Aces Shine With 99% Graduation Success Rate

The NCAA released their 2020 GSR rates, and UE athletics continues to provide great futures for student-athletes.

Posted: Nov 17, 2020 5:26 PM
Updated: Nov 19, 2020 12:05 PM

Winning athletic competitions are important for colleges, but what is more important is making sure their student-athletes graduate.

The NCAA released their 2020 Graduation Success Rate, and UE finished with a 99%. This is an incredibly high number, so much so that UE has earn more revenue for the Missouri Valley Conference and Purples Aces athletic programs.

Details on how GSR is measured is in the full press release below.

Beginning in Spring 2020, a portion of Division I revenue was distributed to member schools based on the academic achievement of student-athletes. The model allows schools with higher graduation rates and academic success to qualify for more funds. The 2020 GSR release contained aggregate data for the 2010-11 through the 2013-14 freshman cohorts.

“Our graduation success rate is the ultimate highlight of what it means to be a student-athlete,” University of Evansville President Christopher M. Pietruszkiewicz exclaimed. “We are extraordinarily proud of our athletes for their commitment to excelling in the classroom and our coaches for helping them to become professionals outside of athletics.”

With its tally, the Purple Aces finished in a first-place tie in the Missouri Valley Conference. The successful rate for UE athletics results in the second year of earning additional academic credit funds for GSR performances that exceed that of the entire university student body.

“This a testament to the work that our student-athletes put into the classroom, as well as the time and effort our coaches put in to recruit the type of student-athlete that can succeed in a rigorous academic environment like the University of Evansville,” UE Director of Athletics Mark D. Spencer expressed.

Criteria to earn NCAA academic units along with information about the NCAA Graduation Success Rates are included below.


A school earns an academic unit by meeting any ONE of the three standards.

Graduation Success Rate for most recently available year is equal to or greater than 90 percent. The average of single-year rates for all teams is used.
Difference between student-athlete and student body percentages in the most recently published Federal Graduation Rate is equal to or greater than 13 percentage points.
Academic Progress Rate for previous year is equal to or greater than 985. The average of single-year scores for all teams is used to determine eligibility for this standard.


All colleges and universities are required by NCAA legislation and federal law (the Student Right-to-Know act from 1990) to report student graduation rates, and those institutions offering athletics aid are required to report for their student-athletes as well. The NCAA acquires student-athlete graduation rate data from the Department of Education’s Integrated Post-Secondary Data System Graduation Rate Survey (IPEDS-GRS).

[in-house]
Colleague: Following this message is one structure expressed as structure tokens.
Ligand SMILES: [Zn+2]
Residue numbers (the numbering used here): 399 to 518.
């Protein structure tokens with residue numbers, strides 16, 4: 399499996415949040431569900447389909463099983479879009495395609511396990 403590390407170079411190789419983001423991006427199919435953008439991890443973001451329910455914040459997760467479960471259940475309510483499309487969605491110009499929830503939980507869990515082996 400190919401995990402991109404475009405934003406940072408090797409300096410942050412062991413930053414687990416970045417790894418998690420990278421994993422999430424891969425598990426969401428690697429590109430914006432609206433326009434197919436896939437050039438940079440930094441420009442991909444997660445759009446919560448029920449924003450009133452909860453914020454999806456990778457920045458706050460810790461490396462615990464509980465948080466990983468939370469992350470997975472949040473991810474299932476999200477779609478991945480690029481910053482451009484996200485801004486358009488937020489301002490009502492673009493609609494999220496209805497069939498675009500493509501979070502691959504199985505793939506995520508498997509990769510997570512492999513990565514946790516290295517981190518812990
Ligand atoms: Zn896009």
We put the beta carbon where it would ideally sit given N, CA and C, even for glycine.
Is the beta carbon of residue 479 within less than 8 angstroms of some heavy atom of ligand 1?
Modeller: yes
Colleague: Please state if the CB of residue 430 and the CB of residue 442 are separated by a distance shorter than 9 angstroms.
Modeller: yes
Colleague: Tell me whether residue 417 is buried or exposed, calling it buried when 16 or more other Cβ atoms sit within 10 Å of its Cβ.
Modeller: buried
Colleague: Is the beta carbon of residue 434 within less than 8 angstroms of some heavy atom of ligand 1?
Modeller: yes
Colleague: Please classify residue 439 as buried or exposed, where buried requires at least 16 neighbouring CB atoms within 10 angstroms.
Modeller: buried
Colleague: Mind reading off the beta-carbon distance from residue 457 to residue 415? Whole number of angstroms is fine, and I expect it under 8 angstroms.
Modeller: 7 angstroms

The student-athlete graduation rate calculated directly based on IPEDS-GRS (which is the methodology the U.S. Department of Education requires) is the proportion of first-year, full-time student-athletes who entered a school on athletics aid and graduated from that institution within six years. This federal rate does not account for students who transfer from their original institution and graduate elsewhere; they are considered non-graduates at both the college they left and the one from which they eventually graduate.

The NCAA GSR differs from the federal calculation in two important ways. First, the GSR holds colleges accountable for those student-athletes who transfer into their school. Second, the GSR does not penalize colleges whose student-athletes transfer in good academic standing. Essentially, those student-athletes are moved into another college’s cohort.

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Our Tuesday was nothing short of chilly, gloomy, gray and wintry throughout the Tri-State; afternoon high temperatures only reached as high as the middle to low 30s throughout the region. Our peak temperature of 32° in Evansville was 16° below the norm for this time of the year. As for the evening ahead, cloud cover and cool air will linger - additionally, there have been reports of sporadic flurries on and off throughout the day and some portions in the Lower Ohio Valley may continue to see brief snow showers through 10 o’clock this evening. Our winds will shift southward overnight tonight into early Wednesday morning and while it won’t necessarily drive temperatures higher for the predawn hours, It will help keep temperatures from falling much further than where they currently stand. Extract the morning low temperature near 29° in Evansville as we kick off our midweek.
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